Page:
Pentagon Blocks Patrols of China's Maritime Claims
During the 2016 presidential campaign, President Donald Trump took a hard line on China's island-building campaign in the South China Sea. In an interview last March, he said that Beijing would keep up construction thanks to perceived American weakness, "because they have no respect for our president and they have no respect for our country." But the Trump administration has not yet conducted any demonstrations of strength (freedom of navigation operations, or FONOPS) near China's man-made islands – and has turned down three Navy proposals for more missions in the region.
The administration's public stance has remained constant. On Tuesday, the administration's nominee for ambassador to Beijing – former governor of Iowa Terry Branstad – told a Senate hearing that “China cannot be allowed to use its artificial islands to coerce its neighbors." And in confirmation hearings, Secretary of State Rex Tillerson suggested that the U.S. might even deny access to existing Chinese installations.
However, in a story first reported by conservative media outlet Breitbart News and later picked up by the New York Times, the Defense Department has repeatedly denied the Navy permission to conduct FONOPS near China's island installations since Trump took office. During Barack Obama's second term, Navy destroyers conducted three of these missions within 12 nm of Chinese-occupied islands in the Spratly group; on Tuesday, the Times reported that the Pentagon turned down an equal number of FONOPS mission proposals from Pacific Command during Trump's first 100 days.
The decisions were reportedly made at the upper levels of the Defense Department and did not involve the White House. Several of Breitbart's sources suggested that the National Security Council – which has undergone significant changes in personnel and leadership over the past three months – may have played a role.
Navy FONOPS missions in the South China Sea are intended to demonstrate the right of foreign vessels to transit waters that China improperly claims as its own – claims that are not supported by the United Nations Convention on the Law of the Sea. (The Permanent Court of Arbitration in the Hague broadly rejected China's assertion of sovereignty over the majority of the South China Sea in a ruling last June; China has ignored it.)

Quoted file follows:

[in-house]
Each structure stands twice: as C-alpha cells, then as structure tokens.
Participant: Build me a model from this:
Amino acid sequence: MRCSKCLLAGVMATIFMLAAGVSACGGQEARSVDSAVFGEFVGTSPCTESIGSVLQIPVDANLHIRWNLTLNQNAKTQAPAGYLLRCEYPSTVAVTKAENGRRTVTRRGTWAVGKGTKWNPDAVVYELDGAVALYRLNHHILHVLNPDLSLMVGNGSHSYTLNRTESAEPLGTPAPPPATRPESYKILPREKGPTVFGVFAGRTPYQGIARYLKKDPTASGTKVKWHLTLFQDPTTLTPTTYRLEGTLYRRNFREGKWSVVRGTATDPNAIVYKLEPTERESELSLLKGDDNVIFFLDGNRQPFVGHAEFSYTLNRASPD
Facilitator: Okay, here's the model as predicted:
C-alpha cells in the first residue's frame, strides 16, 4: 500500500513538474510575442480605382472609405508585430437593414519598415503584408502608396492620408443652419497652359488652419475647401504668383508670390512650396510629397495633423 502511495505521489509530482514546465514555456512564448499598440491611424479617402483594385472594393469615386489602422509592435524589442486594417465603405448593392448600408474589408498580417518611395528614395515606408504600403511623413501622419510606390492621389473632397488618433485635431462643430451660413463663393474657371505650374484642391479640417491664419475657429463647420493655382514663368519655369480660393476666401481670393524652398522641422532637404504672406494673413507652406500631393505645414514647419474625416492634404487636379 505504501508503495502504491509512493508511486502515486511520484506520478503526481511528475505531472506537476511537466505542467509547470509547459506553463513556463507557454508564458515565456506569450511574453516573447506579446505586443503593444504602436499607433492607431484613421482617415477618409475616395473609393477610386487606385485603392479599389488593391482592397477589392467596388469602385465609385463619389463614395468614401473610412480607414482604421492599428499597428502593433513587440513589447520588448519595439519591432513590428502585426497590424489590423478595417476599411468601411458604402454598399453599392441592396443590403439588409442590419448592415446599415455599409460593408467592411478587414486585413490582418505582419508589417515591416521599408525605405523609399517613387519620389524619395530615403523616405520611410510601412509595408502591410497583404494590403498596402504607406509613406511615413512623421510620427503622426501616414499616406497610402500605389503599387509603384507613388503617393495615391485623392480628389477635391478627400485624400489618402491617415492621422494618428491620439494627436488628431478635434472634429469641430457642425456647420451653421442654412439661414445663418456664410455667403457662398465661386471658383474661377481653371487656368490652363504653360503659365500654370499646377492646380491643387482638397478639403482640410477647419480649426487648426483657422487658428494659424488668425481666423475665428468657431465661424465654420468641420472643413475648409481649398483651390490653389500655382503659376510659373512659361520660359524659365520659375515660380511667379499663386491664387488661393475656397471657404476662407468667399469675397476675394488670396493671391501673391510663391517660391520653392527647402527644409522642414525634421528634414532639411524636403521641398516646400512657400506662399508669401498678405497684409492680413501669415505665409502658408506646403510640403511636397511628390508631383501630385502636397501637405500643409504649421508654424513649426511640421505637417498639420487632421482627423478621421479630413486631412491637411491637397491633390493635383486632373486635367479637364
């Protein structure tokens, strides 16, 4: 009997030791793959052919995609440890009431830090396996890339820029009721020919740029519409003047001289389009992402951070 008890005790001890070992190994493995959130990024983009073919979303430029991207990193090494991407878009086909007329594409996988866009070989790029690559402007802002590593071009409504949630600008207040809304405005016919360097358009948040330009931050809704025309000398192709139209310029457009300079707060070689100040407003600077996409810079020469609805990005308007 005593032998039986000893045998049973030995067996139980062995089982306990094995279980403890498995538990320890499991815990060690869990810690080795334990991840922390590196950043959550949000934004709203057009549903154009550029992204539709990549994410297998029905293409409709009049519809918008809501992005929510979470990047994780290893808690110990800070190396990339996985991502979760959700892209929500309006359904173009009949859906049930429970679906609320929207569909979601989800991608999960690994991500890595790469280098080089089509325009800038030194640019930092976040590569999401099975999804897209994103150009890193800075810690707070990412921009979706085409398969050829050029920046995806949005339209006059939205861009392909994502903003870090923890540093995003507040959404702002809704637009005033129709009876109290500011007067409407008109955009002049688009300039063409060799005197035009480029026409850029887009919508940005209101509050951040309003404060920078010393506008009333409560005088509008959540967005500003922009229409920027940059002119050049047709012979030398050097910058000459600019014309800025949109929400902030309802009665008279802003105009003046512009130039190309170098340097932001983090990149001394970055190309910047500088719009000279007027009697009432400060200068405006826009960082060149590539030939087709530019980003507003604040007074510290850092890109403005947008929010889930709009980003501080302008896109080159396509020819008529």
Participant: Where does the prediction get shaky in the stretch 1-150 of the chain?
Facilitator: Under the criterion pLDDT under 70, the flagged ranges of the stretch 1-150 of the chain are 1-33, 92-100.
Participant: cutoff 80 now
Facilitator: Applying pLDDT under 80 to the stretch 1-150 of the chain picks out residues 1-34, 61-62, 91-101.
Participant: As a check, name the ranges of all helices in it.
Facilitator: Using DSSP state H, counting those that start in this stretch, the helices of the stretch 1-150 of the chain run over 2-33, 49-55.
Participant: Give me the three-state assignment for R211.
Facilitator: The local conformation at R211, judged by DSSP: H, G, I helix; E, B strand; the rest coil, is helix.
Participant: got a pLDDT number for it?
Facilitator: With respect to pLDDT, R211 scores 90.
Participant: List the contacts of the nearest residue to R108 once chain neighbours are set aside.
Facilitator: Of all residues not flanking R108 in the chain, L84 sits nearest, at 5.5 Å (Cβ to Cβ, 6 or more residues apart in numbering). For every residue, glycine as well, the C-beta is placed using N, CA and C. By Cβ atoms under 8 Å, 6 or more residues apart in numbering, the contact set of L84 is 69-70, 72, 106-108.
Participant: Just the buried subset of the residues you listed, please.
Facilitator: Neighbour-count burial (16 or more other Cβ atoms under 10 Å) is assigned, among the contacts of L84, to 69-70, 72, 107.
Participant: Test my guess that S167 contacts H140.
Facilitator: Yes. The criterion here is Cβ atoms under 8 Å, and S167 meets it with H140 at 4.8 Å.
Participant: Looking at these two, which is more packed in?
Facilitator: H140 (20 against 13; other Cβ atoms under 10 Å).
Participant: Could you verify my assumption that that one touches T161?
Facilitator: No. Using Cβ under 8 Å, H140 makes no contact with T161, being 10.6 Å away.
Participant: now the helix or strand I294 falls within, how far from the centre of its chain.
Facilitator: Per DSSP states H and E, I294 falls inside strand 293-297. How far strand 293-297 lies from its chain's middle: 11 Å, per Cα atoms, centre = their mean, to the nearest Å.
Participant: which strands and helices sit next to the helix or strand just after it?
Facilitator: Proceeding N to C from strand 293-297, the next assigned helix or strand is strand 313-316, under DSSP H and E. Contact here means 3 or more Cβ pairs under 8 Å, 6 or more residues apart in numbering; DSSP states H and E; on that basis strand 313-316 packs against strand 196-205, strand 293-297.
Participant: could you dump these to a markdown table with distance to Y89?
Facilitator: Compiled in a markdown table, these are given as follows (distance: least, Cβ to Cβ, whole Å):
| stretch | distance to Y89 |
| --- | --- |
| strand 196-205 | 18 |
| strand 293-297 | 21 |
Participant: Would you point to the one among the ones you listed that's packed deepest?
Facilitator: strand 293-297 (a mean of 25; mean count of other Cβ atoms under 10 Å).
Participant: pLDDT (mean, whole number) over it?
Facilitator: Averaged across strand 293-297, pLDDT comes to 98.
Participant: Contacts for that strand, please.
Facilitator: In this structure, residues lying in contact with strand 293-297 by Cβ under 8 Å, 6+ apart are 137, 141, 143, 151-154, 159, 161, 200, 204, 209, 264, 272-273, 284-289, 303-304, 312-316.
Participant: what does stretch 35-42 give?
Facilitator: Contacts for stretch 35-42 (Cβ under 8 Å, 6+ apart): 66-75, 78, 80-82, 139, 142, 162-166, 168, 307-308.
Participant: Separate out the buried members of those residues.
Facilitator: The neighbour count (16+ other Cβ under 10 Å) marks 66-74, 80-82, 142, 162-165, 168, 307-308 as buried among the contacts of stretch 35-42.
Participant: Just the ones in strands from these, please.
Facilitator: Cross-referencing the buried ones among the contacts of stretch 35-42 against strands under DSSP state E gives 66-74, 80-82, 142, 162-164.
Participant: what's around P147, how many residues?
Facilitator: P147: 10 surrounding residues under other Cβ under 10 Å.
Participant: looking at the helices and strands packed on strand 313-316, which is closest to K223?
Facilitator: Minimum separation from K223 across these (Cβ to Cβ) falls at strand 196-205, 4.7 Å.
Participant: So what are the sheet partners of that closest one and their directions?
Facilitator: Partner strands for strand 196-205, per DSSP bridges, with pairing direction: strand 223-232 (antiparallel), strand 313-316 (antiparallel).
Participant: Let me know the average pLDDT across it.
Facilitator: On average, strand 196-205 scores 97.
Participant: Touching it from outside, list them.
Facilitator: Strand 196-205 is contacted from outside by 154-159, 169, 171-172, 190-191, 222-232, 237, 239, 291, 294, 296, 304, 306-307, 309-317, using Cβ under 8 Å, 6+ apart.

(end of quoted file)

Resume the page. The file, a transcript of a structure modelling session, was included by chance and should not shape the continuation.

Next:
Multiple analysts suggested that the recent prohibition on FONOPS is due to two factors: first, a shortage of deputy-level appointees in the administration's national security team, leading to delays in formulating a coherent Asia-Pacific policy; and second – perhaps most importantly – a newfound desire to avoid confrontation, now that the administration needs Beijing to apply more pressure on North Korea. Washington seeks to head off future nuclear and ballistic missile testing in the DPRK, and China is North Korea's biggest trading partner – and perhaps the only nation with enough diplomatic clout to influence Pyongyang (without resorting to force).
Trump has recently backed away from the attacks he once leveled at China on trade issues, emphasizing instead his high regard for Xi Jinping, China’s president and the head of the Communist Party of China. "He is a good man," Trump told Reuters after hosting the Chinese leader at Mar-a-Lago last month. "He is a very good man, and I got to know him very well."
The opinions expressed herein are the author's and not necessarily those of The Maritime Executive.